Cut loose by the Chicago White Sox last June, Jimmy Rollins spent the balance of the 2016 season working as a studio analyst on TV. The one-time MVP will spend the upcoming month of March battling for a spot on the San Francisco Giants’ bench.
According to Fox Sports, the Oakland native and graduate of Alameda’s Encinal high school, inked a minor-league contract with the Giants, which amounts to a low-risk, low-upside proposition for the National League Wild-Card winners.
Rollins, who slashed .221/.295/.329 in 41 games with the White Sox before the team designated him for assignment on June 10, will earn a $1 million base salary (and can make $1 million in incentives) if he cracks the Giants’ opening day squad, per ESPN.
At the Giants’ camp in Scottsdale, Arizona, the three-time All-Star will compete with Kelby Tomlinson and Ehire Adrianza for a backup infielder’s role on manager Bruce Bochy’s roster.
Even though Tomlinson — limited mainly to second base, third base and left field — and Adrianza — owner of a career .605 OPS — are both flawed candidates, Rollins’ resume doesn’t make him the strongest of fits for a utility-infielder gig.
Of Rollins’ 2,220 games in the field across 17 big league seasons, all but one have come at shortstop. The lone cameo at second base came way back in 2002 when he was playing in his second full season with the Philadelphia Phillies.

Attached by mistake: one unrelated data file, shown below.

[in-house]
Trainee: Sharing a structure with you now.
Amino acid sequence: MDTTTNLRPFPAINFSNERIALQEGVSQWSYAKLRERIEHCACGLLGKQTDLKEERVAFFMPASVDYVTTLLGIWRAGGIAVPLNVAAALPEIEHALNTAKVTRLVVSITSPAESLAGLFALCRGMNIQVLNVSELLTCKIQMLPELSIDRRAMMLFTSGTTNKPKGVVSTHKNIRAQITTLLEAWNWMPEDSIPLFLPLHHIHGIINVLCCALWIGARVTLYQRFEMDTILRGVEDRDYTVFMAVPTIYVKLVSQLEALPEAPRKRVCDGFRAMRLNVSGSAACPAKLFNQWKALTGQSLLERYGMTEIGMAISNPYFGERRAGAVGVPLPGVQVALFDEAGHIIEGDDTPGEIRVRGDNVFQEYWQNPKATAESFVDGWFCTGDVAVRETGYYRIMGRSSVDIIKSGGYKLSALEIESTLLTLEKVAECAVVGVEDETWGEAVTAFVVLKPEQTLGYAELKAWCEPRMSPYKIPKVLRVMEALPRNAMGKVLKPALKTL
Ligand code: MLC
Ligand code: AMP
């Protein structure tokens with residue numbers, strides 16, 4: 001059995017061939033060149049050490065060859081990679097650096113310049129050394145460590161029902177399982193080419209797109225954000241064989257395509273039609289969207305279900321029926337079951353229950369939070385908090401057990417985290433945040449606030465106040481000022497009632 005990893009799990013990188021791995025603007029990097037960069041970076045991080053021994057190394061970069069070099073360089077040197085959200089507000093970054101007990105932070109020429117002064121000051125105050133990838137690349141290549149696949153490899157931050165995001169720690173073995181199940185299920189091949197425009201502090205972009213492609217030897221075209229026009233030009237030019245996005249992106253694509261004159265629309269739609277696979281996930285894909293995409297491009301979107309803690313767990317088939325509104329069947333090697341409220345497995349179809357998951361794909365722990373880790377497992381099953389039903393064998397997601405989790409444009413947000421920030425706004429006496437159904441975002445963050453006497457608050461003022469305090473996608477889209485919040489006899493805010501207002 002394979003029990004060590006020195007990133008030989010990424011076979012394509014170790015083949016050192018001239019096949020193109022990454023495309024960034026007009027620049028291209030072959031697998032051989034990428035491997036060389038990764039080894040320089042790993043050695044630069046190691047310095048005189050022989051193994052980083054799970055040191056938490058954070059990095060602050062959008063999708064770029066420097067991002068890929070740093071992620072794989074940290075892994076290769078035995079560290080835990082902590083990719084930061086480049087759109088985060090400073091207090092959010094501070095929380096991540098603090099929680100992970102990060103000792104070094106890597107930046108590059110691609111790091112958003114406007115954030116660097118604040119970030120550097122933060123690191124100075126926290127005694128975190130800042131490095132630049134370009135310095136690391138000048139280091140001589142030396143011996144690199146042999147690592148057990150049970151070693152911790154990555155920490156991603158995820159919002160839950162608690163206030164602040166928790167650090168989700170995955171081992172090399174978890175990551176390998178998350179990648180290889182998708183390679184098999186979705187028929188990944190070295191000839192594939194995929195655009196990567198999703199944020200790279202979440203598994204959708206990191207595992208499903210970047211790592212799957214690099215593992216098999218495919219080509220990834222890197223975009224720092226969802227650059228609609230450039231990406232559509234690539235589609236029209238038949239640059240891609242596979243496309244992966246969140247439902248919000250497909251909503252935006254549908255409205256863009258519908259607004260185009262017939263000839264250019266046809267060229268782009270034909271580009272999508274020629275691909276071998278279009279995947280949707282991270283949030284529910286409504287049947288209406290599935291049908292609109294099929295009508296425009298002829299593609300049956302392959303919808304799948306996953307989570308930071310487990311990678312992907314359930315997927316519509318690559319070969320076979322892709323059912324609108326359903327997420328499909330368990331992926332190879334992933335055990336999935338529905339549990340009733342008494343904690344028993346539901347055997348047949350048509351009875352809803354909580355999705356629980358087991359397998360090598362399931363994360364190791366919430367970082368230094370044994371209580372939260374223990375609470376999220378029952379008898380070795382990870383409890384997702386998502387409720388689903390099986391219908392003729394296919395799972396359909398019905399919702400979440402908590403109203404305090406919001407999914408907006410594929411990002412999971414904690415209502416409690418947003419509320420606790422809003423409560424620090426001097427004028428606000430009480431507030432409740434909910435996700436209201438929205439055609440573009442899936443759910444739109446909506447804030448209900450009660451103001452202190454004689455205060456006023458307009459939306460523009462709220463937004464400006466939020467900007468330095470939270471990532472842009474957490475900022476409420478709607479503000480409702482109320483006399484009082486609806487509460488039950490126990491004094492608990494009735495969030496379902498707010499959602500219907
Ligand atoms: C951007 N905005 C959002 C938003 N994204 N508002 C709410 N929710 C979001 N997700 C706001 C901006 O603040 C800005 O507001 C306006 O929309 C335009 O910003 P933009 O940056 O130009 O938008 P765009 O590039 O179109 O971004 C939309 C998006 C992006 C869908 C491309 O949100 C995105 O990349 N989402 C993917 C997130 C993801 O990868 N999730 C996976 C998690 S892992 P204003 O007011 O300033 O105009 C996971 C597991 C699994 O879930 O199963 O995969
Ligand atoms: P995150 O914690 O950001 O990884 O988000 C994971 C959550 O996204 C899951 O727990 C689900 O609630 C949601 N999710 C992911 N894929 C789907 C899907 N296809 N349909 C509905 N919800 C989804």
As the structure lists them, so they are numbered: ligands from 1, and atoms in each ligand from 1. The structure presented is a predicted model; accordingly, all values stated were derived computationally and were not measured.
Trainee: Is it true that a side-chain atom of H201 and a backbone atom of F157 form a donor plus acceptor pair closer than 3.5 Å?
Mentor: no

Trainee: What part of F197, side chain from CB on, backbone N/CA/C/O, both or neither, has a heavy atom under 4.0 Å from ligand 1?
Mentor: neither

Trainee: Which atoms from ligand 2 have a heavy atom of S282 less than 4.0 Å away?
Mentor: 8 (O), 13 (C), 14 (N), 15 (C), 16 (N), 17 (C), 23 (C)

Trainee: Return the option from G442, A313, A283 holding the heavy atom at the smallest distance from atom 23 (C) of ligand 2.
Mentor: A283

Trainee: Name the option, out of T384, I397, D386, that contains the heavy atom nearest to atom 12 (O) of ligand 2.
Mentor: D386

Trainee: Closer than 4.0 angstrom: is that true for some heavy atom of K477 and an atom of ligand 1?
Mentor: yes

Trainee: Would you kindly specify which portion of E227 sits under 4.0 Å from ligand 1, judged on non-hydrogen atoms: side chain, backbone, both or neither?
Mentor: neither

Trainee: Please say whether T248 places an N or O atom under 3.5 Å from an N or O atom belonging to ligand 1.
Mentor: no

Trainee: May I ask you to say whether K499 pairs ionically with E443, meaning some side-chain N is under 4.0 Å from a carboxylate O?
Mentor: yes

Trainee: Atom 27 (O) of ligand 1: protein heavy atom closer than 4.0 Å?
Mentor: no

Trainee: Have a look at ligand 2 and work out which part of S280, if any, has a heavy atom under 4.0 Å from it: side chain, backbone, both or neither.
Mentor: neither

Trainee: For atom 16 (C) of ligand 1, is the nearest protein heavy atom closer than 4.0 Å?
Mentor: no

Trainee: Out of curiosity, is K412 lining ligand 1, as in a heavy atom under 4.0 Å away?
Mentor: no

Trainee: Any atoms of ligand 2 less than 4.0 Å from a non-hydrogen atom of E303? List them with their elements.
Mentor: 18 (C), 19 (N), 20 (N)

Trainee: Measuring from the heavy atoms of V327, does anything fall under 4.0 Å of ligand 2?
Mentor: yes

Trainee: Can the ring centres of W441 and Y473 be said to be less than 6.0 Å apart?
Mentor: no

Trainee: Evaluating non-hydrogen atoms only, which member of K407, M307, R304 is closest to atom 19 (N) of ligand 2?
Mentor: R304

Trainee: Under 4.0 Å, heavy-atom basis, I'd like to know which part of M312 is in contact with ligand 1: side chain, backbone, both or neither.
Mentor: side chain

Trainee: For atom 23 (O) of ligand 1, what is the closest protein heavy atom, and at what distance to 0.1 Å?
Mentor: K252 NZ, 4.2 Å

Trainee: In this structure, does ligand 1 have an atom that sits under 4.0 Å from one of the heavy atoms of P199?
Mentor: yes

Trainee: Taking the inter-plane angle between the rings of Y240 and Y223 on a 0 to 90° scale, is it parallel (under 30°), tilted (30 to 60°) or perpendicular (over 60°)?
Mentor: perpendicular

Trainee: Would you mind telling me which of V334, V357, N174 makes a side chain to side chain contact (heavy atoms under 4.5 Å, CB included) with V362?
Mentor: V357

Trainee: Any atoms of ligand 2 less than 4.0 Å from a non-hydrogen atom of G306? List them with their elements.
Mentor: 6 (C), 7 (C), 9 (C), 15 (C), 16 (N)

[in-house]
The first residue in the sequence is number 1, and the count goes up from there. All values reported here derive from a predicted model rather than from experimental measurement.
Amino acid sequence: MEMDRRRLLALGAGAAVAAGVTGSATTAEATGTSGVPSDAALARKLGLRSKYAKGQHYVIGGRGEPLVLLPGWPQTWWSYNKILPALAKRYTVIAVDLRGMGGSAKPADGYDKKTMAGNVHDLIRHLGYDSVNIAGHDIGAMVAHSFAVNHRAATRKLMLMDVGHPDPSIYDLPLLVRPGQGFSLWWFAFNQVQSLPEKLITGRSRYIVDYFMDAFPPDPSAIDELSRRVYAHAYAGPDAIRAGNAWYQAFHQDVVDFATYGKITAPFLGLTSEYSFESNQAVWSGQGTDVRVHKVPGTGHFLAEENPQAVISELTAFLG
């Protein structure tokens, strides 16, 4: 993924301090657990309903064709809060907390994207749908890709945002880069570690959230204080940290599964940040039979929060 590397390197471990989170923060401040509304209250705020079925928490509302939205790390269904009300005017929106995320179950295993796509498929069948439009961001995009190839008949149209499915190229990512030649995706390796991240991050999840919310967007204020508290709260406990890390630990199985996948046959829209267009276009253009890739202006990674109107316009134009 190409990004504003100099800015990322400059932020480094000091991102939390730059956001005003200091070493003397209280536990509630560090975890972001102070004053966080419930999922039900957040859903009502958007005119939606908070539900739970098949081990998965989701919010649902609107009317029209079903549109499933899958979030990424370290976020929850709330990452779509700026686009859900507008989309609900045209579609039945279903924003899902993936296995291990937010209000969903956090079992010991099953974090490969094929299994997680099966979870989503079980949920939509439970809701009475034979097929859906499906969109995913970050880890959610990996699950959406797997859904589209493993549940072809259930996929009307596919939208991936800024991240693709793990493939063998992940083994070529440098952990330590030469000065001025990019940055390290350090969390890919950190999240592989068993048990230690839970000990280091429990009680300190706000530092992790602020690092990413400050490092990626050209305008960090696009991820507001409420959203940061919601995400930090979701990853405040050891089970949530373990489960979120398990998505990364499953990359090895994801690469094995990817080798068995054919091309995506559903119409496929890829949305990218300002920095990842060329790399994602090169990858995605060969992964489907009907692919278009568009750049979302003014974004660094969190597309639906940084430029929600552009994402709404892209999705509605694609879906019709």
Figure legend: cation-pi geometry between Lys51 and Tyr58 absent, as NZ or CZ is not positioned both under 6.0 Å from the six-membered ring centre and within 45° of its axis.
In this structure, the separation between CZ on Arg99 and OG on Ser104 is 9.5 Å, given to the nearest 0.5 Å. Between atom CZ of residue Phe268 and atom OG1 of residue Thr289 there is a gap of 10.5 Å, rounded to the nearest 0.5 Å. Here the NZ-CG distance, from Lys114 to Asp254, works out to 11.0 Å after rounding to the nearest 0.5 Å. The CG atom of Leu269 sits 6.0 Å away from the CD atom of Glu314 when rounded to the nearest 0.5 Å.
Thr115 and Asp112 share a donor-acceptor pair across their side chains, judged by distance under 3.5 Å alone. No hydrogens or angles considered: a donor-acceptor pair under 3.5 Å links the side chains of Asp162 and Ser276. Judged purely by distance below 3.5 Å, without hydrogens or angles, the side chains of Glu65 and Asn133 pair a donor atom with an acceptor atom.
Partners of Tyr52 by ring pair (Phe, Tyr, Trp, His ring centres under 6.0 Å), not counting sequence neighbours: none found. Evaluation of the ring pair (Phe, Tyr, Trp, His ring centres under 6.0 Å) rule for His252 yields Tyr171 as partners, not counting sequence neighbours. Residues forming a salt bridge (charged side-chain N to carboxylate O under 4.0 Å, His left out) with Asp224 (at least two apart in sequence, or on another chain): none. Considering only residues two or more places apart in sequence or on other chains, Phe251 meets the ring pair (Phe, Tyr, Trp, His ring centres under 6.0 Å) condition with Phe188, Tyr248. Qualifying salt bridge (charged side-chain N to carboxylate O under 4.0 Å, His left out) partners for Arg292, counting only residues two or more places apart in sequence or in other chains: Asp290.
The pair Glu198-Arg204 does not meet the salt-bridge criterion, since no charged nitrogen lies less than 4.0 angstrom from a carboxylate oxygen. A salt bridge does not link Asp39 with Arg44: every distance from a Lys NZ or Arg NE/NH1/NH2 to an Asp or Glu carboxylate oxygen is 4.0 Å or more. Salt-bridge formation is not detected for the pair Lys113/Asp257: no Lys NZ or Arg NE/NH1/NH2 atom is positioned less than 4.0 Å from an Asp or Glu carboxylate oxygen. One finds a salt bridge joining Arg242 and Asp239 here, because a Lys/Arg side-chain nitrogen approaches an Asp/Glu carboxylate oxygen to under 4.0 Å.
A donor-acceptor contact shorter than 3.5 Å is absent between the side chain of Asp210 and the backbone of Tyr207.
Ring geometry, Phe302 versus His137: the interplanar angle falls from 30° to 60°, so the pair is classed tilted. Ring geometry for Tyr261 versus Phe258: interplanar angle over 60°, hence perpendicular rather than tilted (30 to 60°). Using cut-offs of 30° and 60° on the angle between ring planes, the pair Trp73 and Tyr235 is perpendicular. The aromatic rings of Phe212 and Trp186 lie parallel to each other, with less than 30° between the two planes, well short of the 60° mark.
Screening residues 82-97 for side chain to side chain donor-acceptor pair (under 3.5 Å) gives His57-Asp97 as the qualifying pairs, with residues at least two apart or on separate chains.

Rollins has won three Gold Gloves at shortstop, but the most recent honor was back in 2012. The advanced numbers indicate that putting the 38-year-old at the most athletically demanding position on the diamond would be a big ask. Rollins has cost his teams runs in the field in five of the past six seasons, according to Baseball-Reference.com.
While the odds of Rollins making any meaningful impact for the Giants in 2017 remain slim, it’s worth remembering that no front office in the majors is more adept at salvaging players off the scrap heap than the brass at AT&T Park.
At the least, the signing of Rollins provides the Giants with the baseball version of the NFL’s “camp arm” while starting shortstop Brandon Crawford is busy with World Baseball Classic duty this spring.